PITTSBORO — Water contamination issues have for years been the exigent asterisk beside glowing reports of Pittsboro’s budding reputation.
A month ago, residents’ frustration was evoked anew when the town was blindsided by a new “slug” of upstream pollution. Dangerous concentrations of 1,4-Dioxane were discharged into the Haw River — the source of Pittsboro’s drinking water — from a Greensboro water treatment plant. And it’s not the first time upstream cities have contaminated downstream supplies with a suspected carcinogen.
In 2018, a research team led by Duke University Nicholas School of the Environment Professor Heather Stapleton discovered disconcerting levels of PFAS (per- and polyfluoroalkyl substances) in the town’s tap water — well in excess of the Environmental Protection Agency’s recommended limit. Since then, scientists have consistently identified alarming concentrations of the chemical family in Pittsboro’s water.
“There are multiple known sources of contamination stemming from within the municipalities of Reidsville, Burlington and Greensboro,” a report from the Pittsboro Water Quality Task Force said in October.
In April, a nationwide study by Consumer Reports found Pittsboro had higher concentrations of PFAS in its water compared to any other sample site in the country — and by a lot. Pittsboro’s water sample contained 80.2 parts per trillion of PFAS, a staggering figure. Albeit infinitesimal, just a few parts per trillion can be of detriment to the human body when consumed regularly over several years.
But the problem is unlikely to change without governmental intervention. Both PFAS and 1,4-Dioxane are prolific in factory effluent and commonly-used products.
But just how dangerous are these chemical really?
• “There have been a number of studies investigating health effects from exposure to PFAS,” Stapleton said in a presentation of her team’s findings last year, “and we know based on these studies — laboratory studies and human epidemiological studies — that higher exposure to PFAS is associated with risks for thyroid disease, increased blood cholesterol levels, reduction in our bodies’ abilities to fight off viruses, reduction in our response to vaccines — so, implicating our immune systems — and implications for reproduction and birth outcomes.”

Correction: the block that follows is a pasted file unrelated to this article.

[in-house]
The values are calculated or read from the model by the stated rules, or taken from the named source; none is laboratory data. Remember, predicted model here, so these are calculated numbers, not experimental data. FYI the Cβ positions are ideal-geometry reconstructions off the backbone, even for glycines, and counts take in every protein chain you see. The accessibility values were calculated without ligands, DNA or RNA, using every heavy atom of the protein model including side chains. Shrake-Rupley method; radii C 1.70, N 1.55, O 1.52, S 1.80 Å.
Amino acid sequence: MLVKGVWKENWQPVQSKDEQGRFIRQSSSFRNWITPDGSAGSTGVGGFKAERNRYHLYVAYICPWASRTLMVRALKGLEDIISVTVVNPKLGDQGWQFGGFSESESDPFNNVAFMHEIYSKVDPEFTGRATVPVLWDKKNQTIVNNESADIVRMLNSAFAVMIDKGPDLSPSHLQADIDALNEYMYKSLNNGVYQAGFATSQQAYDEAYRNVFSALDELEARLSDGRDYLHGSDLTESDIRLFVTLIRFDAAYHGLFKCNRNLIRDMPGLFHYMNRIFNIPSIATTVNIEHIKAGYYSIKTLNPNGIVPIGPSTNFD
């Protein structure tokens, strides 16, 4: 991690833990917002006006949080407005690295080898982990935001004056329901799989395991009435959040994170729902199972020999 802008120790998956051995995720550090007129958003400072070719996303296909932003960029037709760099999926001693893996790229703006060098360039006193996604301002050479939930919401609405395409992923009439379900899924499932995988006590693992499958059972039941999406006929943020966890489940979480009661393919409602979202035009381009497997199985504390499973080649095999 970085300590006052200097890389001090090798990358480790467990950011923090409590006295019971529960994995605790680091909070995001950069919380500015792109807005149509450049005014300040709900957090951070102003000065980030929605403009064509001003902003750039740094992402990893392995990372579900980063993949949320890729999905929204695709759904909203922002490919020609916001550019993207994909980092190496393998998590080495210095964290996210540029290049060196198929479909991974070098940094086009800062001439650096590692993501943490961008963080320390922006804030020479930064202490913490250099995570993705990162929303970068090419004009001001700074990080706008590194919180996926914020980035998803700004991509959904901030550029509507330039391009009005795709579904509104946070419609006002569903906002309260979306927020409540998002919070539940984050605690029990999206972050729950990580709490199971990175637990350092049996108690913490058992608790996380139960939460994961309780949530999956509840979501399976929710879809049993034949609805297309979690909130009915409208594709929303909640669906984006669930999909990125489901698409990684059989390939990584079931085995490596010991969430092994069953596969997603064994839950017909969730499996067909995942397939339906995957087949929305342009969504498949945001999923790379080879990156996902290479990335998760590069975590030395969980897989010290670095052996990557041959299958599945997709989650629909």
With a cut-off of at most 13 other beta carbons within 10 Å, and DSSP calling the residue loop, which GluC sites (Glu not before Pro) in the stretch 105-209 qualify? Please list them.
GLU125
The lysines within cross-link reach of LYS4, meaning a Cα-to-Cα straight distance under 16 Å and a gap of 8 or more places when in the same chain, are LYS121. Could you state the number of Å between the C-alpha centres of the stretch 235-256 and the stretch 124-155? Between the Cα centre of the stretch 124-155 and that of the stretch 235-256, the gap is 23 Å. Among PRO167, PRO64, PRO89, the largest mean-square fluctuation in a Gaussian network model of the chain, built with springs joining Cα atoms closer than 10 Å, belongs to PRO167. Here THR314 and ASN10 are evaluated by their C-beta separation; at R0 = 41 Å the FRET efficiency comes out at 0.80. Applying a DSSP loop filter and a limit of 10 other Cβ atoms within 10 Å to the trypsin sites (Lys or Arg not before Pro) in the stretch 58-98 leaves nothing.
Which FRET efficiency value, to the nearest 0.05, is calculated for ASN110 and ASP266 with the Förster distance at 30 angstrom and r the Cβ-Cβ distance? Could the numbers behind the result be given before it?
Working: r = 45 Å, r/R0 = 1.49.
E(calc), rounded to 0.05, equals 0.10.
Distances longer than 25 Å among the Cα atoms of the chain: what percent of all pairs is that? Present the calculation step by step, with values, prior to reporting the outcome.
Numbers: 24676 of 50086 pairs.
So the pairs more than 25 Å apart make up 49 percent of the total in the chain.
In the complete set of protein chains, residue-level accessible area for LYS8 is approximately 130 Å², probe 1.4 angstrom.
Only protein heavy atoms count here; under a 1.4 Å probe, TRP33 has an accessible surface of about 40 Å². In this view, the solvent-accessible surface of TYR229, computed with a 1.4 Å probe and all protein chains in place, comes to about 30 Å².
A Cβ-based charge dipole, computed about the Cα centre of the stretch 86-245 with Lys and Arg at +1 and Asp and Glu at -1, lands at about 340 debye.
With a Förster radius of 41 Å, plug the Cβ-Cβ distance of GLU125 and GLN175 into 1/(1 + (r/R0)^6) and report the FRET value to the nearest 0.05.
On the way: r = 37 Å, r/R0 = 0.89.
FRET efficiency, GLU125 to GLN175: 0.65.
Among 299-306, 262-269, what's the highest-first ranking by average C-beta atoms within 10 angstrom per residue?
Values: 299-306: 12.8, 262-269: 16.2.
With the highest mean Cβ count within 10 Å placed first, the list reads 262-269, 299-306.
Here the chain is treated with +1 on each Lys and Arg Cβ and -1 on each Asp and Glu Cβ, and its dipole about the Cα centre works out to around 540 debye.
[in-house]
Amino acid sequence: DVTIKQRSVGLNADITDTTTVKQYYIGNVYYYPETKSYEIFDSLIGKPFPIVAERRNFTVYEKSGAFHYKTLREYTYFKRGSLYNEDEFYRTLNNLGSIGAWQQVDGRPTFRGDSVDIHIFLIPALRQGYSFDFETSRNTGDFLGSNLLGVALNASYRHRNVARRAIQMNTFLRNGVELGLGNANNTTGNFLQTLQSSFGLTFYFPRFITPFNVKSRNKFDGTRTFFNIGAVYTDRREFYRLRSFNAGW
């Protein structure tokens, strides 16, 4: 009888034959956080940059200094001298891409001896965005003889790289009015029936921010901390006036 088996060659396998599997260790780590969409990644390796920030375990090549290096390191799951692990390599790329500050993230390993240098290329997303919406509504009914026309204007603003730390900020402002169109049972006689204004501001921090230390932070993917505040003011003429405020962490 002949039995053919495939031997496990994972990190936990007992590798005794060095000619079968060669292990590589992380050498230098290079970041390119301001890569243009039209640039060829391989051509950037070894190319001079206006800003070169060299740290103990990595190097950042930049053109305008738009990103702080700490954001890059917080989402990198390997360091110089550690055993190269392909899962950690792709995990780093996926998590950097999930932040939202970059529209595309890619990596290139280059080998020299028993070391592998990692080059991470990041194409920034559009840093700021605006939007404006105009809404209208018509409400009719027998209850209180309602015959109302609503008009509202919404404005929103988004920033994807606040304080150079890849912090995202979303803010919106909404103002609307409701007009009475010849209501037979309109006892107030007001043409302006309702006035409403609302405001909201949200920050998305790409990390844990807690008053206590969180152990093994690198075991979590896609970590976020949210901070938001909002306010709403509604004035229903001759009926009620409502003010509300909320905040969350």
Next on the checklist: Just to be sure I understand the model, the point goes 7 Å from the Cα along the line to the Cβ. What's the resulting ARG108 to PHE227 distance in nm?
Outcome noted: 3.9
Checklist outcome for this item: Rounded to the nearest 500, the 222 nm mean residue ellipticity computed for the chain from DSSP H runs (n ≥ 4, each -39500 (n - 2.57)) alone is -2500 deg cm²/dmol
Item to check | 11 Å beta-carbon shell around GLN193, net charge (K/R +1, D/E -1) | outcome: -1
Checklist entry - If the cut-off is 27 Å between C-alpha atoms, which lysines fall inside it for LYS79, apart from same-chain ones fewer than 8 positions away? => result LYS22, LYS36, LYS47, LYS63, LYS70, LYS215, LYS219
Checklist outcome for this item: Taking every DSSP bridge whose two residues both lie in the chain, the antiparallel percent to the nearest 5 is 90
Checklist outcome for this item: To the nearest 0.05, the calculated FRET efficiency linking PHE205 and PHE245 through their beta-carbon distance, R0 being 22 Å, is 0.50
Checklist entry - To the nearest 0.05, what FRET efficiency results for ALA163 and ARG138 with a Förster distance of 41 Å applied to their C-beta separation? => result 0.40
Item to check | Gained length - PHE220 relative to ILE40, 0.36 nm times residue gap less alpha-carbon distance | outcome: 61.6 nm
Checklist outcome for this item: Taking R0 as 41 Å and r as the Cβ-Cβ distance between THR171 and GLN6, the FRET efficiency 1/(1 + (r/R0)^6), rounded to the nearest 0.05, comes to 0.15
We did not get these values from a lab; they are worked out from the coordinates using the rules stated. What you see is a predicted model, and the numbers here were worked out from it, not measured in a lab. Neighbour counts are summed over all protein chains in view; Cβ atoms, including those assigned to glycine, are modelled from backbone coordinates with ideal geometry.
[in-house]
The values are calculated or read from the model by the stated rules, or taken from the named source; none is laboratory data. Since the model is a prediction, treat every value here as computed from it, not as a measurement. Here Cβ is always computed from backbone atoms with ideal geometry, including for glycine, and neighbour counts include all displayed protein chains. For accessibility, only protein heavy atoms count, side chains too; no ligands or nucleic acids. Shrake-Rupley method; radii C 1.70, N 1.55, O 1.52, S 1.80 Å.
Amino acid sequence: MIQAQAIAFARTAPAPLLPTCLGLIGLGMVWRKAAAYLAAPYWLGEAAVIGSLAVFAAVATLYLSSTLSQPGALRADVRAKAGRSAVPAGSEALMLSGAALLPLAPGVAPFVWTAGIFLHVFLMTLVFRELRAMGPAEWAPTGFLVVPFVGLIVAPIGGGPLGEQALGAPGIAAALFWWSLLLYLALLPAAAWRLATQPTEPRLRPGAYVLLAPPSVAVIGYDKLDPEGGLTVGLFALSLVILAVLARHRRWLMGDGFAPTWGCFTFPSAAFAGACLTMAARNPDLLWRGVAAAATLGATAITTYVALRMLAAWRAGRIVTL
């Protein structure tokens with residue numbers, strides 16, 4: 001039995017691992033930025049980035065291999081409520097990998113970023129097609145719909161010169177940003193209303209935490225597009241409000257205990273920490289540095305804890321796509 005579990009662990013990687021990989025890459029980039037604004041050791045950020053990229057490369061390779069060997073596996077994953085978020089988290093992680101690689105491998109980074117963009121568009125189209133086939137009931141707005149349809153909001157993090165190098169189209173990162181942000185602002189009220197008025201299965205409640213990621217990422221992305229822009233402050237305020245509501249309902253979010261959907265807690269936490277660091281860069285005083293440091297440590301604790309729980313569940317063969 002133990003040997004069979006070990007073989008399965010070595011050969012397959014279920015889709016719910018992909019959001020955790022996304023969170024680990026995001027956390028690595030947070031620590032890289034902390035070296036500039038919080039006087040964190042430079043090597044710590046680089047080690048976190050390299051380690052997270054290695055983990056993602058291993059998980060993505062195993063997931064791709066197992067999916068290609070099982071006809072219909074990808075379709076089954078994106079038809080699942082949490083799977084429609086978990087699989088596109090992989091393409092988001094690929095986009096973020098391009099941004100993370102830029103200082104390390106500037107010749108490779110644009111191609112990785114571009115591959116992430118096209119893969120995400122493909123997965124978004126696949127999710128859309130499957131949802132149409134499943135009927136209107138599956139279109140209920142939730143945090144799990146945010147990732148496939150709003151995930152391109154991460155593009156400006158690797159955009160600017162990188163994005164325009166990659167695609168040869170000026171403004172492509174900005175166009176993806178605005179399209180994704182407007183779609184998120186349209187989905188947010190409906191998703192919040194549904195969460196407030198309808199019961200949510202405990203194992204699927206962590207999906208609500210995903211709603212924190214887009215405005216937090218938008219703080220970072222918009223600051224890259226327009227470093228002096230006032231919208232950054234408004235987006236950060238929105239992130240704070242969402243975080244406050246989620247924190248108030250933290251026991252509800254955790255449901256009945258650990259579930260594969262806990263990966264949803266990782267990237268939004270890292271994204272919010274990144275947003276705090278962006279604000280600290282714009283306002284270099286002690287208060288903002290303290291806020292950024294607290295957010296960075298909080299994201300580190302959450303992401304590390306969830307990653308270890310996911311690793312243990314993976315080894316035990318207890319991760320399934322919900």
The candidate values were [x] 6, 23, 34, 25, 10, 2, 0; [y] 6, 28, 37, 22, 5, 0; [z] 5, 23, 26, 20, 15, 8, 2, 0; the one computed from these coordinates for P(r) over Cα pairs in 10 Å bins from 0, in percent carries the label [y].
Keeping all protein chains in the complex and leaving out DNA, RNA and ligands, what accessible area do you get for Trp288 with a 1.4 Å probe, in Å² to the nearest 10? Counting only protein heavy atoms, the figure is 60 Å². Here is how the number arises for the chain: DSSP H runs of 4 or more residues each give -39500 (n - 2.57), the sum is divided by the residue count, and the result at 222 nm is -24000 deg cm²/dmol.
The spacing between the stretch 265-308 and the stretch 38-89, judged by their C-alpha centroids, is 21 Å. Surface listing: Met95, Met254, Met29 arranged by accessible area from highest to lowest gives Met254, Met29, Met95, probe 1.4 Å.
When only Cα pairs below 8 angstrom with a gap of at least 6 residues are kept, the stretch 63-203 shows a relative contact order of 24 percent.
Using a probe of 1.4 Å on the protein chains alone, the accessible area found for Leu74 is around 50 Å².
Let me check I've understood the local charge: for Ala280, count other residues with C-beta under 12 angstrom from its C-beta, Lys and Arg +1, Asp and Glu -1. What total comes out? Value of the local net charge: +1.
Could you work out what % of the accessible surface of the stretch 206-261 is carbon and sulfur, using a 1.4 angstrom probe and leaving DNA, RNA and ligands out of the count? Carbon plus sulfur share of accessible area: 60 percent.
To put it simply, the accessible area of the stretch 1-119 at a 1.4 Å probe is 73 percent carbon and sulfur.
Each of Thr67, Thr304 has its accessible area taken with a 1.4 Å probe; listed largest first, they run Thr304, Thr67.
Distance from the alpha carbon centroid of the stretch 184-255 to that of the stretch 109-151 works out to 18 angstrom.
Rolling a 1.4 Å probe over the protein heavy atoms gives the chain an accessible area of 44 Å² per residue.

• “1,4-Dioxane is a likely human carcinogen ...” the EPA reports. “The physical and chemical properties and behavior of 1,4-dioxane create challenges for its characterization and treatment. It is highly mobile and does not readily biodegrade in the environment.”
There’s much to be said about PFAS and 1,4-Dioxane water contamination, as the News + Record has often reported for the past several years. But here are the most important facts you must know to preserve your health:
Only ingestion of contaminated water is dangerous: That is to say, drinking 1,4-Dioxane and PFAS contaminated water is dangerous. But other exposure to the chemicals is unlikely to hurt you.
Health officials say it’s unlikely enough 1,4-dioxane or PFAS can be obsorbed into your body through bathing, washing dishes or other household water use to be of major concern.
There are home solutions: some home water purifiers protect against 1,4-Dioxane and PFAS, although they come with hefty up-front costs. Of the two chemicals, PFAS is a bit easier to remove. Both reverse osmosis filters and granular activated coal systems will do the trick. For 1,4-Dioxane, you must select reverse osmosis.
A less expensive option in the short-term is to sidestep the water issue entirely by drinking only bottled water.
Pittsboro is the only town in Chatham that draws its drinking supply from the Haw River. Siler City, Cary and the county’s other areas use different bodies of water such as the Rocky River and Jordan Lake. Those water sources are not impervious to pollution, but they are not riddled with resilient contaminants like the Haw.
Town staff and elected officials are trying to resolve Pittsboro’s water crisis, but it’s slow going.
Under consultation from CDM Smith — an engineering and construction company, which provides water solutions for government and private clients — the board of commissioners adopted a plan in February for tiered installation of various treatment methods starting with a “fast-track” option that should be operational in less than a year.
The filtration method, known as granular activated coal (GAC), would filter approximately 90% of all PFAS from a drinking supply of at least one million gallons per day (mgd) — more than enough for the town’s water demands on all but the hottest days of the year.
The project will cost $2.5 million to $3 million.
But with 1,4-Dioxane having resurfaced in the last month, after more than a year-long absence, the town must accelerate its plan to add a reverse osmosis filtration system, Town Manager Chris Kennedy said in a special meeting of the board of commissioners last week (see coverage in this edition). The board has plans to host similar special meetings over coming months dedicated to resolution of the town’s water woes and potential action against upstream polluters.
Reporter D. Lars Dolder can be reached at email@example.com and on Twitter @dldolder.
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